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False alarms

Published January 07. 2014 05:00PM

The weather wasn't fit for man or beast this past weekend, but Kidder Township and Albrightsvile VOLUNTEER firefighters were forced to endure it on numerous calls.

There were crashes, chimney fires and routine calls.

There also were "automatic alarms;" alarm systems in structures commercial and residential which signal a possible fire.

We understand such alarms can go off accidentally. In these cases, either the system must be repaired or replaced.

One specific business in the township has had numerous alarms this month, as well as in previous months. It is an established business, so the alarm system should be functioning properly.

Any homeowner or business having several false alarms over a specified period of time should be forced to pay a penalty or a fine. There's no reason to unnecessarily jeopardize the lives of responders when there isn't a real emergency.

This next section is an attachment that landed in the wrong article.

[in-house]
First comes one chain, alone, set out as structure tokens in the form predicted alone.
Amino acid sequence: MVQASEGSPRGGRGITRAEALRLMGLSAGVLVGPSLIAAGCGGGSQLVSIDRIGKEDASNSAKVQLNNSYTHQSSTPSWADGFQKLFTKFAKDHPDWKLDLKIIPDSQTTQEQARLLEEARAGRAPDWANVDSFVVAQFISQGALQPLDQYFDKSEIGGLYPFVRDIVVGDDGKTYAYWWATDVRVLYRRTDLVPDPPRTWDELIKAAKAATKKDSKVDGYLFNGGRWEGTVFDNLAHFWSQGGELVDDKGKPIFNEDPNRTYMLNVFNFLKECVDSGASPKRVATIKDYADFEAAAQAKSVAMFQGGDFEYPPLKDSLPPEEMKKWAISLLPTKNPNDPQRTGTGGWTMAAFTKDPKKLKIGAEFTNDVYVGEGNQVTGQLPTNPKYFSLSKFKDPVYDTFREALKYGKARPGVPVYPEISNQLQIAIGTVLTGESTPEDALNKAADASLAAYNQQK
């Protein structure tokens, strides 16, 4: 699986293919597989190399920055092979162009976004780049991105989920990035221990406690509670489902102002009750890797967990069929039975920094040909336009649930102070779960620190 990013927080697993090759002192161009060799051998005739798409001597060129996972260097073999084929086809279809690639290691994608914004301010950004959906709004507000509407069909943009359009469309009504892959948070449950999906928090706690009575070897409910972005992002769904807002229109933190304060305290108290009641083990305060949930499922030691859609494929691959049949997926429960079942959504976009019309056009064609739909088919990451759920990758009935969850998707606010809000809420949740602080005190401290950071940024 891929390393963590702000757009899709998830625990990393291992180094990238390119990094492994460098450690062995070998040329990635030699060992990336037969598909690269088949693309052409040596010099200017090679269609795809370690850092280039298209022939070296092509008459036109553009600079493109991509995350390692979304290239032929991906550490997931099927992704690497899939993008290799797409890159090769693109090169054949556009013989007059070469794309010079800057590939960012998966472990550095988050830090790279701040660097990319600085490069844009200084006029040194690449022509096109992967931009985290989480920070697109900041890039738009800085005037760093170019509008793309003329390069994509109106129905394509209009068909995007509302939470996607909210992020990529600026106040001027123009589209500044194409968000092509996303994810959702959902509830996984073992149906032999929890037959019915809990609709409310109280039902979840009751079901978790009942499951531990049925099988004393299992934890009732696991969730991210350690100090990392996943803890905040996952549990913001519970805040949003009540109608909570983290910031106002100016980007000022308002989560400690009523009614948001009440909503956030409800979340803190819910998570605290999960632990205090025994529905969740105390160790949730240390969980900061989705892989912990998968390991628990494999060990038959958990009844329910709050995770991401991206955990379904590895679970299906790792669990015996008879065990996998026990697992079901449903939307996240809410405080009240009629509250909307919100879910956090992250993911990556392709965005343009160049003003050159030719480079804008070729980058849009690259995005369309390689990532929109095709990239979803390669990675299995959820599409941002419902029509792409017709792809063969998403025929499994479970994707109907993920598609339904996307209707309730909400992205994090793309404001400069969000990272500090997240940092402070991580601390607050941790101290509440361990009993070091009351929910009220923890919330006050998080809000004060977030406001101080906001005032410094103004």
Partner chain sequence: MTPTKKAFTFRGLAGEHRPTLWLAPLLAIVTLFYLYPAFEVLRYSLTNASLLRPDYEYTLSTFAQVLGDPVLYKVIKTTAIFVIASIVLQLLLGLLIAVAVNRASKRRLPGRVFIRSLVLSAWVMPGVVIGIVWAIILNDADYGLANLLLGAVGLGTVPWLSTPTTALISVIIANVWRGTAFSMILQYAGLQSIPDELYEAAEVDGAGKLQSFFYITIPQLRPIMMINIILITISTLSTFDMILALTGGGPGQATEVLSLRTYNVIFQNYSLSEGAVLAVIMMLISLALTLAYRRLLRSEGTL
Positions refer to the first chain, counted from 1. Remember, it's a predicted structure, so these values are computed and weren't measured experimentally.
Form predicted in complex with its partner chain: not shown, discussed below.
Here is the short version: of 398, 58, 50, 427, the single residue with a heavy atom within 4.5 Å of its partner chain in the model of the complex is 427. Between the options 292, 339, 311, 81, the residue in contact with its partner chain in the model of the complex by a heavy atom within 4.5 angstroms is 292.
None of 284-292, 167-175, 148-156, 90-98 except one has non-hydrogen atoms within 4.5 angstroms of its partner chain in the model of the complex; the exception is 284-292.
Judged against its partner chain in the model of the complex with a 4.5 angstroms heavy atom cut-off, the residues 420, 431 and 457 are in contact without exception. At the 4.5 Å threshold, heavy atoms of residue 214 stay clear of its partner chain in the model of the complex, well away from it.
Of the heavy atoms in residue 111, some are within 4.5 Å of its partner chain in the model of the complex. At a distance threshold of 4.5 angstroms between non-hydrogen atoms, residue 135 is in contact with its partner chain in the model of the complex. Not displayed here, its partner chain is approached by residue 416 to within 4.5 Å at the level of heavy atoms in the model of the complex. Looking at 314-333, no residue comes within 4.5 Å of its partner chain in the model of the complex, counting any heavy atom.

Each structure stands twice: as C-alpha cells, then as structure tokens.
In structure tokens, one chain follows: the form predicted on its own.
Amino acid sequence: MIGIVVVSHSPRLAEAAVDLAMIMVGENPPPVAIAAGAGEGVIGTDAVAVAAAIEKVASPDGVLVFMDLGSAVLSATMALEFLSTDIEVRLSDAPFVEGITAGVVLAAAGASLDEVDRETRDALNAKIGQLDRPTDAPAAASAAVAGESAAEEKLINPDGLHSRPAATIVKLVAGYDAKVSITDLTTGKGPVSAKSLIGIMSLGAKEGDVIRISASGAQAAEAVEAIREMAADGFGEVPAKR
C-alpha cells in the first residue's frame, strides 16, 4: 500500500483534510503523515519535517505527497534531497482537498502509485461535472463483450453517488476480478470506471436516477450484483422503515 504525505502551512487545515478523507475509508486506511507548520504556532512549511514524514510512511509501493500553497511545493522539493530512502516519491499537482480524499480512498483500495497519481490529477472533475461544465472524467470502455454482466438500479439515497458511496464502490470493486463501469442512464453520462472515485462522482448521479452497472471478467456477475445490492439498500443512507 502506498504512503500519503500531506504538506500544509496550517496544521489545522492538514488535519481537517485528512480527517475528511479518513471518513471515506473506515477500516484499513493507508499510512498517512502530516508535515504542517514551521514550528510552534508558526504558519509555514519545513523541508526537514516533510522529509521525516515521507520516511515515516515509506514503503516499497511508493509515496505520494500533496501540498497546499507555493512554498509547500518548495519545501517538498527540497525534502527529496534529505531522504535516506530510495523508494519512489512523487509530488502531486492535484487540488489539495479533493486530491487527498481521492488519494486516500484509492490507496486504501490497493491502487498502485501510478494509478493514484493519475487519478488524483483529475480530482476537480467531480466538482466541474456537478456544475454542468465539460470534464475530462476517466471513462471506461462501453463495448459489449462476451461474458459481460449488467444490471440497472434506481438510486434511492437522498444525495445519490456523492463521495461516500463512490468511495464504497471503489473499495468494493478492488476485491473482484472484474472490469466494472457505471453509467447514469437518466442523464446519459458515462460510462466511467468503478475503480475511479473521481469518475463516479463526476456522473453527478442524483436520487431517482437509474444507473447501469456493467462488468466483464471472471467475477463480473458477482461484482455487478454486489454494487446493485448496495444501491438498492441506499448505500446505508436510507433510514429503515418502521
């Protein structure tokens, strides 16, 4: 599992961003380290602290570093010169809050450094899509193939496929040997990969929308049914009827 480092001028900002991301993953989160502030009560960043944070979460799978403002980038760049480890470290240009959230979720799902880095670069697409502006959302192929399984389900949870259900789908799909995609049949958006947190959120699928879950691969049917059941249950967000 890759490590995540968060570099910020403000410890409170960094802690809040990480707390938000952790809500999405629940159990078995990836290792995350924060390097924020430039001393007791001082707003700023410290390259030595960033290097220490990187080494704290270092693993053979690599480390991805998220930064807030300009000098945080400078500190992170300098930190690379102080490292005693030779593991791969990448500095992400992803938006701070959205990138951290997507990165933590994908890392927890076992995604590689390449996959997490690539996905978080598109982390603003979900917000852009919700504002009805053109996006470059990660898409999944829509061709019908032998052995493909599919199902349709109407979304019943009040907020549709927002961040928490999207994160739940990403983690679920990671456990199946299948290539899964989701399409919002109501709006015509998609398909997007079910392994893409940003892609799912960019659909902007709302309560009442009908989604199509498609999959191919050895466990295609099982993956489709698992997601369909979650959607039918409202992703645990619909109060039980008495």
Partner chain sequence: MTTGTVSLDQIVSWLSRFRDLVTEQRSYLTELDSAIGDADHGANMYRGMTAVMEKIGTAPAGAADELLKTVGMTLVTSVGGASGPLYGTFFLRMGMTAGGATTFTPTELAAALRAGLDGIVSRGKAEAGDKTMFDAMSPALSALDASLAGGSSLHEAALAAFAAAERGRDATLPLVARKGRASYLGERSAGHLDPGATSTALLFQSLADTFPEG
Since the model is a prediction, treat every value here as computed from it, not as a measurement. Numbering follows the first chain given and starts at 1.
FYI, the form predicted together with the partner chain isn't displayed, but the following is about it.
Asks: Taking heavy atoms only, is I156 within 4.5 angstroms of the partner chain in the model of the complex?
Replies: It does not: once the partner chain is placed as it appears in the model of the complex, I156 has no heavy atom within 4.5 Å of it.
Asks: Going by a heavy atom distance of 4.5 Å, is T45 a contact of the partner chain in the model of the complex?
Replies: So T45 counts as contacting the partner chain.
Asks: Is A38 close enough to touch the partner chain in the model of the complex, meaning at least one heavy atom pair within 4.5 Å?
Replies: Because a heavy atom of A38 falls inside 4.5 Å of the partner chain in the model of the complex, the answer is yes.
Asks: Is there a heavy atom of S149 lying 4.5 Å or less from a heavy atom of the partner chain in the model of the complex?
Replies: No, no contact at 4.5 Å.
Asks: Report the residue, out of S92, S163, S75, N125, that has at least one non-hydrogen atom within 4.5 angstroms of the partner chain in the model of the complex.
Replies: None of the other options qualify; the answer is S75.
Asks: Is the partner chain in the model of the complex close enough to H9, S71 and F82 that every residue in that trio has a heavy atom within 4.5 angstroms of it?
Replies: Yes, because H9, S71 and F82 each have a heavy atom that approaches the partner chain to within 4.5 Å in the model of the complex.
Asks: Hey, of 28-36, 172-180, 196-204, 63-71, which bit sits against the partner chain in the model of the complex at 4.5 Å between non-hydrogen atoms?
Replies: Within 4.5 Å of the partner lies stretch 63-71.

Every time the fire department responds to a false alarm, not only is there a fuel expense, but volunteers are pulled into service when there potentially could be a real emergency elsewhere. More of a burden is placed on the time restraints of volunteers who are already contributing a lot to their communities.

Last month, the Fernwood barracks of the state police cited several businesses for excessive false alarms. Police releases didn't specify if they were fire alarms or burglar alarms. Either way, when there are multiple false alarms, something has to be done.

Especially in foul weather, volunteers are risking their lives responding to automatic alarms. The response is necessary because one never knows when the alarm is the real thing.

There is no excuse, though, for habitual offenders.

State police didn't specify the fine for repeat offenders of false alarms in press releases. But if an ordinance is needed, every municipality should adopt one on behalf of their fire department.

Often volunteer firefighters crawl out of bed in the middle of the night, leave the dinner table with their food uneaten, and pull themselves away from their children's' activities to respond to alarm. It isn't fair to ask them to do this for false alarms, especially for repeat offenders.


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